For anyone who’s never seen Fishbone live, it’s an irreplaceable, unbeatable musical experience to rival any and all. Just listening to any track off The Essential Fishbone, like the early care-free high-jinks of “Party at Ground Zero” or “Cholly” up through the gritty grunge corner-turn of “Sunless Saturday,” you can tell this band is so tight they could probably slice an onion in the air and not miss a beat.
Bob Marley, another black man who didn’t rap, said “One good thing about music / When it hits you feel no pain.” In my previous post, I took somewhat of an exception to Tommy James in 1956 calling picking up an electric guitar “the ultimate act of rebellion,” seeing as he said this following Elvis’ Sullivan performance.
Bob Marley, as we all know, galvanized, and made palatable and popular what was at this time basically his own style of rock music, reggae, and Fishbone take it a step further introducing “ska” in the mid-’80’s. As Rob Mitchum of Pitchfork once said that the idea of “Everyone who’s ever heard The Velvet Underground has started a band” is overrated, similarly, Fishbone are a wholly original act which has been emulated by white people, but not much by black people, if at all. They come around basically contemporaneous with the equally inimitable Bad Brains, and carry an ensuing crown as unquestionably the godfathers of, and the best at, what they do. And indeed, even as an avid guitar player having started at 14, listing to Live at Winterland has never made me want to actually EMULATE Jimi Hendrix… more like I wanna cry for my mom, that’s how cemented my idea is that I could never do what he does.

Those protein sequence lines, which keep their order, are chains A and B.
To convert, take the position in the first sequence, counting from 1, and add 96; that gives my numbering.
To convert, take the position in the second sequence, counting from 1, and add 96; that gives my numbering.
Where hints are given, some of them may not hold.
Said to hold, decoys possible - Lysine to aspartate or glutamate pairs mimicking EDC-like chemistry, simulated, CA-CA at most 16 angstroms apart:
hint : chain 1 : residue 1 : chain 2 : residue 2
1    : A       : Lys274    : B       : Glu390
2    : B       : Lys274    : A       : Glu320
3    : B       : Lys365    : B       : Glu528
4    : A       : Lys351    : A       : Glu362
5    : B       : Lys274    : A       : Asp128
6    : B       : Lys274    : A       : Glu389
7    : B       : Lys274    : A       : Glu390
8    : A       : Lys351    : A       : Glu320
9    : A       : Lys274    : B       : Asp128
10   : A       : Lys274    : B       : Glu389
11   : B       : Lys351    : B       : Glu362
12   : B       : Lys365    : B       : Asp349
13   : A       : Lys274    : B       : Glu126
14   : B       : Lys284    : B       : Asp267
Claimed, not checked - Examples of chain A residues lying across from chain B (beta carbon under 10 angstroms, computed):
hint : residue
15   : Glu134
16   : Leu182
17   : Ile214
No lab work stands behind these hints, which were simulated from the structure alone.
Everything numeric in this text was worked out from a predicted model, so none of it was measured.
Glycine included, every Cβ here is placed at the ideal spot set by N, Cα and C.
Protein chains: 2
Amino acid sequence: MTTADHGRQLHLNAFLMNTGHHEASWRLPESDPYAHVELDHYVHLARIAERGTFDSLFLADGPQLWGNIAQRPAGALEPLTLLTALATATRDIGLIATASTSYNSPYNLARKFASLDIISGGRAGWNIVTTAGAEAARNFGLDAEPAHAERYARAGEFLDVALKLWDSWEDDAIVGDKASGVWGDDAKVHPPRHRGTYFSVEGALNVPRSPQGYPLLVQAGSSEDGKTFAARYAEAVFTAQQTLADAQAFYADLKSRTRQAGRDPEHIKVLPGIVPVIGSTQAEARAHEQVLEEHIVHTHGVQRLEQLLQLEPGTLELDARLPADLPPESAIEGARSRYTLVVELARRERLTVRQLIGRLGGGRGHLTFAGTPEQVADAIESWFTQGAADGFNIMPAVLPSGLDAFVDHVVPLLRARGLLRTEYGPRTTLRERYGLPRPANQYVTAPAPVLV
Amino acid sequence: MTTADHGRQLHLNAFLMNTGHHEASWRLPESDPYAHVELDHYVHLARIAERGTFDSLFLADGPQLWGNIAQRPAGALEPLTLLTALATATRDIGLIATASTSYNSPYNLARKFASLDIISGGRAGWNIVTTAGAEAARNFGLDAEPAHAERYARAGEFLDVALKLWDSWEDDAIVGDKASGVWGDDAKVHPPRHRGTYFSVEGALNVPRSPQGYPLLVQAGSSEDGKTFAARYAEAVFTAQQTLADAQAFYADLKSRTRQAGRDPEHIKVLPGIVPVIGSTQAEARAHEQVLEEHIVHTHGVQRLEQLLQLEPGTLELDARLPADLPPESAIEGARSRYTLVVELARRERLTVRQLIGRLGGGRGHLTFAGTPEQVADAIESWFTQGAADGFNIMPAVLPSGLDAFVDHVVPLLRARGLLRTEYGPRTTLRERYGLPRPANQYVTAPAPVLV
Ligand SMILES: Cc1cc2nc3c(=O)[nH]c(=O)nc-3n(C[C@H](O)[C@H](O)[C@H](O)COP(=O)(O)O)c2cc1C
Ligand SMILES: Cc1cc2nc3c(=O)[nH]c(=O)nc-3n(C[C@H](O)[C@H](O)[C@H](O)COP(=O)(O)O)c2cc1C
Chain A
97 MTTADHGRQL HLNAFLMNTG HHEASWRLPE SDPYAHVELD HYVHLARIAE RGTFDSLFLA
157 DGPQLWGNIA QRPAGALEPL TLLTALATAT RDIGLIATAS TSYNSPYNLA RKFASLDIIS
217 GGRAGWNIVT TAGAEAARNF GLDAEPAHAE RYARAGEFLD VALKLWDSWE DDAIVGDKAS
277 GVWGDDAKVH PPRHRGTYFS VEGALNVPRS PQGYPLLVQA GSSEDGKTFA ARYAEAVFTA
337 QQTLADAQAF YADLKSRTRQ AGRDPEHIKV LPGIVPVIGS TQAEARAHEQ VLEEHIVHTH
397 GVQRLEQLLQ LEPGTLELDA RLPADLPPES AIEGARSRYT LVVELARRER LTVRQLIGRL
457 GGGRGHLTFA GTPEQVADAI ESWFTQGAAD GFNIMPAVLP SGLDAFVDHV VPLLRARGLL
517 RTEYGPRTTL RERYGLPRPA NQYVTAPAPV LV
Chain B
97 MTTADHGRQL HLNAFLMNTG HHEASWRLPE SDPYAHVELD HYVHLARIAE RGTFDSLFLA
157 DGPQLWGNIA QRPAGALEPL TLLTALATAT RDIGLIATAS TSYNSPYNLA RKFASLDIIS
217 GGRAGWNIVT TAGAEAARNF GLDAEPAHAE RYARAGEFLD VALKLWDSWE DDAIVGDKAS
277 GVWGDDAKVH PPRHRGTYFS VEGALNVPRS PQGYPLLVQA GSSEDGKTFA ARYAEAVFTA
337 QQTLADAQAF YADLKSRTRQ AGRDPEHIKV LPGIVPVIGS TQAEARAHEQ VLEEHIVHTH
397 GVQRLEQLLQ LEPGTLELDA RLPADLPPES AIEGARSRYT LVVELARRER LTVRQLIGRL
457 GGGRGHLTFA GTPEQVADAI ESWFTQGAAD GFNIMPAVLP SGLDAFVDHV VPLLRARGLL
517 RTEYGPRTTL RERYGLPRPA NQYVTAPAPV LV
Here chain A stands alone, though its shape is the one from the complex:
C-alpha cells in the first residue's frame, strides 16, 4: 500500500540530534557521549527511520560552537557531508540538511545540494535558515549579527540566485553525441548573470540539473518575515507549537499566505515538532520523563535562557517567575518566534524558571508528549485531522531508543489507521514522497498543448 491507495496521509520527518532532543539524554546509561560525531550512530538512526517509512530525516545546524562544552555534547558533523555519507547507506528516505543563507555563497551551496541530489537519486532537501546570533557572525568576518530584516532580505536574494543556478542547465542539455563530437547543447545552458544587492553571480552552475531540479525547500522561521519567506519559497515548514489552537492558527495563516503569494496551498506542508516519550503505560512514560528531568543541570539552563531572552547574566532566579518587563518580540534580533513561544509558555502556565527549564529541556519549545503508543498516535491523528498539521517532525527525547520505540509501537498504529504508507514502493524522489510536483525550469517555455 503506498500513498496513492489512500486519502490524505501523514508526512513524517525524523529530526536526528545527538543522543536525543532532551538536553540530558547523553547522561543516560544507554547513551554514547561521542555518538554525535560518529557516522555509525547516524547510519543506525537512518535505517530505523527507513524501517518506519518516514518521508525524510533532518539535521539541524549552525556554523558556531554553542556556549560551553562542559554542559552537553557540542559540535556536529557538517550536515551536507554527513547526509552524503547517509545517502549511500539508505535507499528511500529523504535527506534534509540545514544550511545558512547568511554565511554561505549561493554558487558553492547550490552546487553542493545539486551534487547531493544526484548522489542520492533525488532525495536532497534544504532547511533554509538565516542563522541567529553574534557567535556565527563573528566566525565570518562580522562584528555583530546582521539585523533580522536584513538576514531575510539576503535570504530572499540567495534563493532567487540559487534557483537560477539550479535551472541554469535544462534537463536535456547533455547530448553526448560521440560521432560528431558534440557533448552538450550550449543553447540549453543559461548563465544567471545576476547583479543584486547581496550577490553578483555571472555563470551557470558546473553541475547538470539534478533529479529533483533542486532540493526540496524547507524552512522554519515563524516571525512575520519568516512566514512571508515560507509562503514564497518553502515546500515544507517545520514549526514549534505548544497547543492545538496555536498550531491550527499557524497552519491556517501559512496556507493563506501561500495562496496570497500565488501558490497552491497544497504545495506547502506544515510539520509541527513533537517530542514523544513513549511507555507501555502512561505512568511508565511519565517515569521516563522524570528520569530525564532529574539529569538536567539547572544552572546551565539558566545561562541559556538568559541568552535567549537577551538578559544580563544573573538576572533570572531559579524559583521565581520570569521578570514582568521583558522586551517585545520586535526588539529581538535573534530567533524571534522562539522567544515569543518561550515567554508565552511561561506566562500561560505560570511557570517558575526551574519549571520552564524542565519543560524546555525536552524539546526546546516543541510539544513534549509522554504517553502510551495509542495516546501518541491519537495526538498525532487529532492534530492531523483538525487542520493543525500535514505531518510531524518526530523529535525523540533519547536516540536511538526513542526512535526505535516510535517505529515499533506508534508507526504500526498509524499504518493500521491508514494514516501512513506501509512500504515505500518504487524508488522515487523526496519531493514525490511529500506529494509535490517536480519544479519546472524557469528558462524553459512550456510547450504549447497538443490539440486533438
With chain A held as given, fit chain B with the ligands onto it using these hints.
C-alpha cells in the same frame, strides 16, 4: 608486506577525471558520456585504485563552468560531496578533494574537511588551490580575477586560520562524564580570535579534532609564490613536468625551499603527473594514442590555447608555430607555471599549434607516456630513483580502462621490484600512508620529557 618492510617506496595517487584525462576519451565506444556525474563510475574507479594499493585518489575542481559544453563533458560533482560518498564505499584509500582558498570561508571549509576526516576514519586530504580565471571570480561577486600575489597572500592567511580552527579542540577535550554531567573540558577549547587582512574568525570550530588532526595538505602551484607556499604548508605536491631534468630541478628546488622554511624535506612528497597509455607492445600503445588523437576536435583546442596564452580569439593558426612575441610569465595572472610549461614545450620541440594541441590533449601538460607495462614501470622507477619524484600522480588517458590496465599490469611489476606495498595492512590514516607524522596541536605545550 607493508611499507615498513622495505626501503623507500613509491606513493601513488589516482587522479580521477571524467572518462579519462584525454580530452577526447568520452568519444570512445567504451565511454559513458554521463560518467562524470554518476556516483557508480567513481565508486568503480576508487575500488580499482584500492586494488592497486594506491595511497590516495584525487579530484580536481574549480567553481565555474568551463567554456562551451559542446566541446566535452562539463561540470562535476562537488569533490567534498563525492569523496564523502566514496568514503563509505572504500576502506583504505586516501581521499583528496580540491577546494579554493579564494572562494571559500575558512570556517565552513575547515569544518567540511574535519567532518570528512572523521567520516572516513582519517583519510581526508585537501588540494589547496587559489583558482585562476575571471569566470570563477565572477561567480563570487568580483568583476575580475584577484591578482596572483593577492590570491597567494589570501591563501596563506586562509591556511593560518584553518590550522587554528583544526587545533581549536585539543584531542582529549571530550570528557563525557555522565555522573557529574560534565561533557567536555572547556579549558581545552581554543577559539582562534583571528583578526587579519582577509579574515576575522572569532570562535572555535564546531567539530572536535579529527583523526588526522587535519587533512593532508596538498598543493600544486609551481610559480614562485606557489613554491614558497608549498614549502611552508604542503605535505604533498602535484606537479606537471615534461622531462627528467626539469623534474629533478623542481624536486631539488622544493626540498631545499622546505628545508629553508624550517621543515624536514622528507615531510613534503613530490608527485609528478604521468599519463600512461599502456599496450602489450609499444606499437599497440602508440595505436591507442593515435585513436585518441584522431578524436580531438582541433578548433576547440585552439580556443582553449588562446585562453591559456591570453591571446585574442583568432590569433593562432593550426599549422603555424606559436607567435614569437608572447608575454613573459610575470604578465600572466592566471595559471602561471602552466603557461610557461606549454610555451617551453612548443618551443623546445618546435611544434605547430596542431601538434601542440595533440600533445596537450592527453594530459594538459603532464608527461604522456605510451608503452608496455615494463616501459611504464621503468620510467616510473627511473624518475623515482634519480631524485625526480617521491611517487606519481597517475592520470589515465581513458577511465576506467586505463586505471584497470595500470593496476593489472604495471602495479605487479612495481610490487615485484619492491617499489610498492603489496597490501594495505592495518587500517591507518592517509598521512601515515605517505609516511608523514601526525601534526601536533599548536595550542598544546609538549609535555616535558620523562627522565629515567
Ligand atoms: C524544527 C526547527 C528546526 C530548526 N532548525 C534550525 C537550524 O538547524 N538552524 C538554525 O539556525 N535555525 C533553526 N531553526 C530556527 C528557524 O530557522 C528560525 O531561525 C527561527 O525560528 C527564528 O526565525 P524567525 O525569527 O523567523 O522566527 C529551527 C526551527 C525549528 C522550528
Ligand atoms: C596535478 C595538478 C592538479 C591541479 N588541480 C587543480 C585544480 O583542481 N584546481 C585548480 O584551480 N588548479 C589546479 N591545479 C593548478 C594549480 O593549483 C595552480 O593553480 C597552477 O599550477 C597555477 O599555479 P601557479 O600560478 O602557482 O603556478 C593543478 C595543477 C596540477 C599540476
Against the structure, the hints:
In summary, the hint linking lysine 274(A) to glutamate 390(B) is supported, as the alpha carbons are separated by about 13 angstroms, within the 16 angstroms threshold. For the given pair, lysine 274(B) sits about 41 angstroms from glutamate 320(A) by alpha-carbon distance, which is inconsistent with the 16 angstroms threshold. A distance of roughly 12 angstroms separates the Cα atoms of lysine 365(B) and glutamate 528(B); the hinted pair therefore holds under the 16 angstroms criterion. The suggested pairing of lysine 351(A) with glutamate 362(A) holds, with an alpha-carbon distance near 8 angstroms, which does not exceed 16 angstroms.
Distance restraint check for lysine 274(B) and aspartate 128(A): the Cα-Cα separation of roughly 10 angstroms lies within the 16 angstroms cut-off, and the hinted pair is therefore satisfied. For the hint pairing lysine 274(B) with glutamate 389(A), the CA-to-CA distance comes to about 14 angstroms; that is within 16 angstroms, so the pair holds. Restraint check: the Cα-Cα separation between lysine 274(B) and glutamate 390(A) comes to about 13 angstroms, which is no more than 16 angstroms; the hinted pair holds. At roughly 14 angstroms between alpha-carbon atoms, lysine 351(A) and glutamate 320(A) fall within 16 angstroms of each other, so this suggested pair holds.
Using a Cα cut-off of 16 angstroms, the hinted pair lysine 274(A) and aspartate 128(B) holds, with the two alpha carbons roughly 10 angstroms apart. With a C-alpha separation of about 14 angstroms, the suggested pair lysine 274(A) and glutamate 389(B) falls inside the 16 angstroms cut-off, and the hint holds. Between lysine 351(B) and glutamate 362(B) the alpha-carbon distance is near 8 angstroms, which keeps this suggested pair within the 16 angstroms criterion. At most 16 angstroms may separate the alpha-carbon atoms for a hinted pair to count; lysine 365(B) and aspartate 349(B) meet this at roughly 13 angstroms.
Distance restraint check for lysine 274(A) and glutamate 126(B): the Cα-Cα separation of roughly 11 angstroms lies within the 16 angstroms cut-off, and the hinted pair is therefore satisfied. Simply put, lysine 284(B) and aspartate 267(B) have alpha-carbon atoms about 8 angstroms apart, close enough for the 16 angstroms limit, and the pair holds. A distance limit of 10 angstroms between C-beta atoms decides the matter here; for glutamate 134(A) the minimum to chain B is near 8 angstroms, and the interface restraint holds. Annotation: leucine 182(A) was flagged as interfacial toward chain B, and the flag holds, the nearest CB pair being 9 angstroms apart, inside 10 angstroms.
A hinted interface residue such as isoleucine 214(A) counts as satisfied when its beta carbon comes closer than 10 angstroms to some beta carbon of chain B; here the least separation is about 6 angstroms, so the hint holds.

But Fishbone are an example of how musical expression can be boundless, can be nothing like you thought it would be, and can unite and elate, in a concert setting. Apropos of this, when I saw Fishbone, after the show, after the couple or so hours of rocking in which I probably looked like a goon trying to dance, after the laughing-fit-plagued drummer declared to the audience “Thank God for mushrooms!” (though I didn’t notice him screwing up any parts), Angelo Moore read a poem to the crowd called something like “The Adventures of the Famous But Not Rich” that had a part about something like “Riding across the stolen country.” Here was a black man expressing every centimeter of his artistic muse, who didn’t NEED rap, who didn’t NEED any wealth status symbols, but clearly had to tour in order to put food in his belly, as their behavior still indicates.
With music that’s as eclectic as it is original, and that’s as benevolent as it is artistically intimidating, Fishbone are sure to give you a show that’s one-of-a-kind, never having been, or to be, successfully copied.